And that’s exactly what happened this afternoon.
There were three “Lunch and Learn” sessions today, each with their own individual topic. Each addressed serving specific demographics–Hispanics, emerging markets, and young adults. And I was fortunate enough to facilitate the young adult session.
The 20 or so attendees were excellent. They shared ideas, frustrations, best practices, and a few laughs as we dove into almost all aspects surrounding credit unions and serving those just starting out in life. Our discussion lasted almost the entire hour and thirty-minutes and (luckily) ended before the after-lunch energy lull kicked in.
During the session I jotted down some notes and thought I’d share them with you… see below!
“The best laid schemes of mice and men
Go often askew,“
I wonder if Burns realized that this line would still ring true in 2009?
I planned to arrive in Las Vegas early on Wednesday, October 21 to kick-off the live blog with a post covering the preconference workshop, “Building a Balanced Score Card for Organizational Performance.” Leave it to travel mishaps to put a kink in those plans.
But that doesn’t stop THIS blog! Live blogging requires you to roll with the punches, no matter what plans you’ve laid out.
So, how do you cover something when you’re not there to take notes? Why, you go straight to the source, of course!
Here’s pre-conference session leader George Towle, of the Rochdale Group, to give you a quick rundown on what transpired:
We’re currently in a round of Q&A… attendees asking lots of great questions about CRA, corporate stabilization, the future of courtesy pay programs, among other topics.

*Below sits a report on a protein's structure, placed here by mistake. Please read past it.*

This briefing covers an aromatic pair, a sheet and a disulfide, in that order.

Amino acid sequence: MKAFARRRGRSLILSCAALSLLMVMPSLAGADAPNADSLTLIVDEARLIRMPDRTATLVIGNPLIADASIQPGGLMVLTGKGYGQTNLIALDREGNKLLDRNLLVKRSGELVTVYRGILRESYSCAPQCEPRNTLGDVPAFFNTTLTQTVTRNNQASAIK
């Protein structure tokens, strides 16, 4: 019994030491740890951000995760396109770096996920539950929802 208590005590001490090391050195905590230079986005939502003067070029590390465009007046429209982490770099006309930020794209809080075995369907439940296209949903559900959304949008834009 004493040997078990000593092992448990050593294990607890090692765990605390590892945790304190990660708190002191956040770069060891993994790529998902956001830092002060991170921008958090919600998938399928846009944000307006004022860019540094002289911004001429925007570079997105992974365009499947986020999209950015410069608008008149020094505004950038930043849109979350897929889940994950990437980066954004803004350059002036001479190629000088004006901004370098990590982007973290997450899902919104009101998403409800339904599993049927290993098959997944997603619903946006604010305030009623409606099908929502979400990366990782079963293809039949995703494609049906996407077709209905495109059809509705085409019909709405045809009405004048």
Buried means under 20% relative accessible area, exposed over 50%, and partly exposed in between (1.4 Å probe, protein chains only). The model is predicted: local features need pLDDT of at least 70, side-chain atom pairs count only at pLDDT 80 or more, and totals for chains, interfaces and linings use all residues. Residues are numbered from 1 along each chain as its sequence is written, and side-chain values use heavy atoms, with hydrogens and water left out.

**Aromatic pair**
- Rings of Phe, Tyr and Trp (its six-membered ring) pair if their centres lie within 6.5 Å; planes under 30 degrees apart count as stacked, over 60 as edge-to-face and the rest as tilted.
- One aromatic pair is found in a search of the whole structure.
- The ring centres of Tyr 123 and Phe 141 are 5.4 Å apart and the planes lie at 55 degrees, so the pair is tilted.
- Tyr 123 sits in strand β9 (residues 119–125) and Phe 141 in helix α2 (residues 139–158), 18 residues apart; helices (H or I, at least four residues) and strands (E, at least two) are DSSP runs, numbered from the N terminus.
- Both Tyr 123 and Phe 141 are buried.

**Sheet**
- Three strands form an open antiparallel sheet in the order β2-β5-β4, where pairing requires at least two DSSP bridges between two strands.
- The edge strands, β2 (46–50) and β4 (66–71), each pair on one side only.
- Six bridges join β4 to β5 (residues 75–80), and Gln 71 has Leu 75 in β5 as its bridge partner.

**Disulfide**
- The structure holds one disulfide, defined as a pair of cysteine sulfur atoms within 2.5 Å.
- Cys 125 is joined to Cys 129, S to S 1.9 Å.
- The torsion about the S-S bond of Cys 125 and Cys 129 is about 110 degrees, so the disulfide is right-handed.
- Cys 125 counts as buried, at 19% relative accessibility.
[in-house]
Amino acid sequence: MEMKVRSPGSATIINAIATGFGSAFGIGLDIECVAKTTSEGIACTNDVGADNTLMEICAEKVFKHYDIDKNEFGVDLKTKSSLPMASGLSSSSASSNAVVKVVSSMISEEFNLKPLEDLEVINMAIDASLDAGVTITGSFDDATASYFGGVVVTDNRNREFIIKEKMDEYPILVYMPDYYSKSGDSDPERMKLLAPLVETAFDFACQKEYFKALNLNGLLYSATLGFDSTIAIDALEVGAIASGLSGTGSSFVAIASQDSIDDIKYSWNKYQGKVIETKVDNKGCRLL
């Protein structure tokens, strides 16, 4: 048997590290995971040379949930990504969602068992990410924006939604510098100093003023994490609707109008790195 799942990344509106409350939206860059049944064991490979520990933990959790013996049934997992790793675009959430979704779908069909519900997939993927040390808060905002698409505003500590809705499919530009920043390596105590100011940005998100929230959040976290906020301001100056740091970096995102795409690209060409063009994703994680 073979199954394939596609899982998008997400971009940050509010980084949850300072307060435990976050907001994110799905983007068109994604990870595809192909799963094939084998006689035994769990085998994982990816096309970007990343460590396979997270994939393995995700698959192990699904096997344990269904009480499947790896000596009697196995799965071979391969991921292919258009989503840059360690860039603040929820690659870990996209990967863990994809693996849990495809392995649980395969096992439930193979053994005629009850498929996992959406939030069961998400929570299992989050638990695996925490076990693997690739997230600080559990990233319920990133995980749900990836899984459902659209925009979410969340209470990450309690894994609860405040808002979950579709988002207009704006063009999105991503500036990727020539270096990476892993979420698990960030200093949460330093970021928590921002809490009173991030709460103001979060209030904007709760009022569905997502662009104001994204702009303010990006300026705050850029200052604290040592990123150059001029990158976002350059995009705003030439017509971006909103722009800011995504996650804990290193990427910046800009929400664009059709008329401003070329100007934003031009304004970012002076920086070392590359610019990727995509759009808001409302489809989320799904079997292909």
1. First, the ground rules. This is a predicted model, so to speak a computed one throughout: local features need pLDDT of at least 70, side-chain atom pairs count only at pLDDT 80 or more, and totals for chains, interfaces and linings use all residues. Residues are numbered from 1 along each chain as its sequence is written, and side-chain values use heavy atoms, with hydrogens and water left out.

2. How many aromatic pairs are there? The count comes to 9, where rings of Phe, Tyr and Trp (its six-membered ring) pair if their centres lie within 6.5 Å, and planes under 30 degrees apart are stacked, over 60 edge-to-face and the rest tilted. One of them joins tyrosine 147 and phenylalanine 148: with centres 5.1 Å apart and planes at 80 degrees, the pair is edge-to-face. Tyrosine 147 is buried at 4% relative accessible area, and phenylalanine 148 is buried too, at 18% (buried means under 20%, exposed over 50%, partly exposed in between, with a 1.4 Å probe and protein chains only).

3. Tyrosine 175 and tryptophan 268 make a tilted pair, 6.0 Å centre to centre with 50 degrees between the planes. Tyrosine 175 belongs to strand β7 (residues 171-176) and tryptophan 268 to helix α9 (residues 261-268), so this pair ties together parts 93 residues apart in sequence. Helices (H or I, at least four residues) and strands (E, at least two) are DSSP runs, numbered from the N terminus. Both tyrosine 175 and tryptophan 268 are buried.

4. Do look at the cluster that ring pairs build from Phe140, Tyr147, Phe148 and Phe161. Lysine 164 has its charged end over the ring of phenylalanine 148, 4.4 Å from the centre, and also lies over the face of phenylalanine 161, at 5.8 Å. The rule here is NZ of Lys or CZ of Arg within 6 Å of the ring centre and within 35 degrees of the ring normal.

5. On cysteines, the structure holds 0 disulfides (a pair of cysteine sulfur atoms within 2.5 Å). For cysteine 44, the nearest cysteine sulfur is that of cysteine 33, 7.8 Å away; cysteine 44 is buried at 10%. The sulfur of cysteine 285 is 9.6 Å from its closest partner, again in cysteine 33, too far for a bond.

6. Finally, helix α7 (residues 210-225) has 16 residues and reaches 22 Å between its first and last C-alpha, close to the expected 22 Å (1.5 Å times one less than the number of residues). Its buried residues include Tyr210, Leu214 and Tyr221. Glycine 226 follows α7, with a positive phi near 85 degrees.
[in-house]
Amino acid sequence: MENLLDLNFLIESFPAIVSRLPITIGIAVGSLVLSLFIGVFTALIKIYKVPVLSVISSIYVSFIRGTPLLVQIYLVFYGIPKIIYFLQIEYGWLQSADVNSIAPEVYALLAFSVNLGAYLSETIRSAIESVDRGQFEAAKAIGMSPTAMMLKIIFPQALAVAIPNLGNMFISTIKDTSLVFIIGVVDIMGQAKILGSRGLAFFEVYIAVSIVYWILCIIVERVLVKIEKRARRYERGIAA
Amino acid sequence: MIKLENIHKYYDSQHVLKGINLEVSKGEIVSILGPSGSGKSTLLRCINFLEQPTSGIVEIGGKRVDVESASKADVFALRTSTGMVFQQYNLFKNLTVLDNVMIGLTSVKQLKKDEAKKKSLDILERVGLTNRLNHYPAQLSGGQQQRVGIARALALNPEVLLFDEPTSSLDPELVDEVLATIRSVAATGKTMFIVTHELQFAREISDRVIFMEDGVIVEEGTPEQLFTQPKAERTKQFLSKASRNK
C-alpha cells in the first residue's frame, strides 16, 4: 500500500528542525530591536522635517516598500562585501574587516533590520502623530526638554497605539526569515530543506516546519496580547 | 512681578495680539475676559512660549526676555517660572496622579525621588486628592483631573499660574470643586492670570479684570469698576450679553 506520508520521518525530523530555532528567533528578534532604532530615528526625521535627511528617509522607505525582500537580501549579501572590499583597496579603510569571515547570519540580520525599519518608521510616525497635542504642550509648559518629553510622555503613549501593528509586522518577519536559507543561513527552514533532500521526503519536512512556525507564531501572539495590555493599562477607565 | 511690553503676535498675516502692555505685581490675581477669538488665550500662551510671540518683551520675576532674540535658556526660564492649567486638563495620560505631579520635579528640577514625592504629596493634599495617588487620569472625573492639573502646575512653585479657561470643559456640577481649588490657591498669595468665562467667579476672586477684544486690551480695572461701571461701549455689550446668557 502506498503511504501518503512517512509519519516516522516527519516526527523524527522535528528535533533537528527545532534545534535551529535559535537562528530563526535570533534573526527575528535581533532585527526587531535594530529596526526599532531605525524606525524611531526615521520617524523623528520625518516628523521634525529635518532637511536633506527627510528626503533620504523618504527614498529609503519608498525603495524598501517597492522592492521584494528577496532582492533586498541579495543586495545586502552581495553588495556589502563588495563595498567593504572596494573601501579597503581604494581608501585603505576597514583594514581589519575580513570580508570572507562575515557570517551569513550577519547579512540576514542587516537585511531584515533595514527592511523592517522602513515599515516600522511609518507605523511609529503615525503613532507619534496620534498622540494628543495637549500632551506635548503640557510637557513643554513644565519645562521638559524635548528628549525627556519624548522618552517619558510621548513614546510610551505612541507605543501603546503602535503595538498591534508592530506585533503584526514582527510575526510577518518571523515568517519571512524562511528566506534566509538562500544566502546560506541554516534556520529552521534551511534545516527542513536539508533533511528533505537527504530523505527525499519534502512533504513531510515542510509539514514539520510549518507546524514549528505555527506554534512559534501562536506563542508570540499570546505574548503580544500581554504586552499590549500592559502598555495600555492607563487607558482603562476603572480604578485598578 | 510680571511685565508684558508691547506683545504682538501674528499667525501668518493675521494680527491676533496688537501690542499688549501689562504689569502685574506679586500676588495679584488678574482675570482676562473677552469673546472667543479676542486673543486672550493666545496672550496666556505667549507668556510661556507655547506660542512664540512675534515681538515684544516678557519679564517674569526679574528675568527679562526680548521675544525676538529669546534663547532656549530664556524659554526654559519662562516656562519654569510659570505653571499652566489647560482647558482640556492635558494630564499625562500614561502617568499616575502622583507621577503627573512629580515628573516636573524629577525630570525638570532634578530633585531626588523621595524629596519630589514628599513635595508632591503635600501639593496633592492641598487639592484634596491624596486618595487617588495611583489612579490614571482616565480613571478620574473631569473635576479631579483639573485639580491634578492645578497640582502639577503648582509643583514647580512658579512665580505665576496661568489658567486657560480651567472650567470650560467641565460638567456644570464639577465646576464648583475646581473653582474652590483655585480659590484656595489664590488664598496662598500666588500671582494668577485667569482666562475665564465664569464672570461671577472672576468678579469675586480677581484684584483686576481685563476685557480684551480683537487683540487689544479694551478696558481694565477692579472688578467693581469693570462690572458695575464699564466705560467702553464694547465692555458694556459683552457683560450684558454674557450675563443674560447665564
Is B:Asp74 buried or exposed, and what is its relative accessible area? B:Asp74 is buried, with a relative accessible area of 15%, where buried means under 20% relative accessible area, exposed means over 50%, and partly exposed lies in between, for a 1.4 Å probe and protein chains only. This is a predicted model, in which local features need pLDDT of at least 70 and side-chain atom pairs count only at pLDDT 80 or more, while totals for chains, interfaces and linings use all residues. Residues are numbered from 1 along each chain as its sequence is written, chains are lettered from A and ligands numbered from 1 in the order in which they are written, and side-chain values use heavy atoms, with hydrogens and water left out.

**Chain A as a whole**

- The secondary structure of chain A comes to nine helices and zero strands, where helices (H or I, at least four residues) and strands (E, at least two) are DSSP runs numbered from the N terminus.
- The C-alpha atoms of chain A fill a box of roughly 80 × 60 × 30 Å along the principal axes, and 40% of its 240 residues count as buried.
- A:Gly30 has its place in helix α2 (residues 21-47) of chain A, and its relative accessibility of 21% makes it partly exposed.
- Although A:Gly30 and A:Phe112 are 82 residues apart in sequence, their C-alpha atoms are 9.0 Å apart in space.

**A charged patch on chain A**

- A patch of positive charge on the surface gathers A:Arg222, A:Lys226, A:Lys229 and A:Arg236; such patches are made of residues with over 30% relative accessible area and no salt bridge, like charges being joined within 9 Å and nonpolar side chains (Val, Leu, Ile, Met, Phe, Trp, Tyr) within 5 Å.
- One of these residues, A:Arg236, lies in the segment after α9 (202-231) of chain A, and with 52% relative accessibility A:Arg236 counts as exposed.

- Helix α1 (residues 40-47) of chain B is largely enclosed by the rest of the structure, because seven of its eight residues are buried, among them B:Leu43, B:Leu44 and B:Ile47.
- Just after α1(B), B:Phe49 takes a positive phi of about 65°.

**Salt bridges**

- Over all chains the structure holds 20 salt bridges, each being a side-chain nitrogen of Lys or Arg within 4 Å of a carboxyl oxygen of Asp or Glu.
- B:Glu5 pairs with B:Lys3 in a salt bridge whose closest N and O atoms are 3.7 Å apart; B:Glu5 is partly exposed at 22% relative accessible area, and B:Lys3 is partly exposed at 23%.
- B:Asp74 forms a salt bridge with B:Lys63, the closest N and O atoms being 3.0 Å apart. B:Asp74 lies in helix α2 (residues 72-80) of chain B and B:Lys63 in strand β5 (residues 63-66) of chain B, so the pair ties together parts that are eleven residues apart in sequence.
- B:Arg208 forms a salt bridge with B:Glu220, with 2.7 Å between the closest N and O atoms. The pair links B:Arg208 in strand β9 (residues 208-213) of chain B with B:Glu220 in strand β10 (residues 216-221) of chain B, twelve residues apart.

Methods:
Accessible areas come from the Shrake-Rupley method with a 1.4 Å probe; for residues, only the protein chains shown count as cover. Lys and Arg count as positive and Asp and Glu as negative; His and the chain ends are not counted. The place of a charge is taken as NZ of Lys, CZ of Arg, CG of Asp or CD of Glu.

All was lost, it seemed. Nobody can be in two places at once, right? Not necessarily. Behold the power of social media and Web 2.0 technologies.
CUNA will bring Board Member Hyland and CCUC attendees together using a live Web cam broadcast the morning of Friday, October 23rd. Attendees will see and hear Hyland’s address, and the Board Member will be able to see and hear attendees as they ask questions… all in real time.
Why is this a big deal?
To my knowledge, this is the first time an NCUA Board Member will address a group and field questions remotely via two-way audio/video communication over the Internet in real time. And the implications of this go far beyond enhancing conferences and events.
It opens the door for credit unions to deliver experts and thought leaders from across the country to employees and board members without incurring travel expenses. Credit unions may also leverage this technology to better communicate with members, perhaps offering online financial literacy seminars where members can actively engage with the presenter.
Yes, Webinars currently offer a similar capability… but the major difference here is that both parties are now able to see the other, instead of simply seeing text and a PowerPoint. It may seem ancillary at first, but this visual component further engages participants with speakers.
Very exciting stuff… especially for credit union/social media junkies like myself. So, stay tuned for more information about this session–and others–on Friday.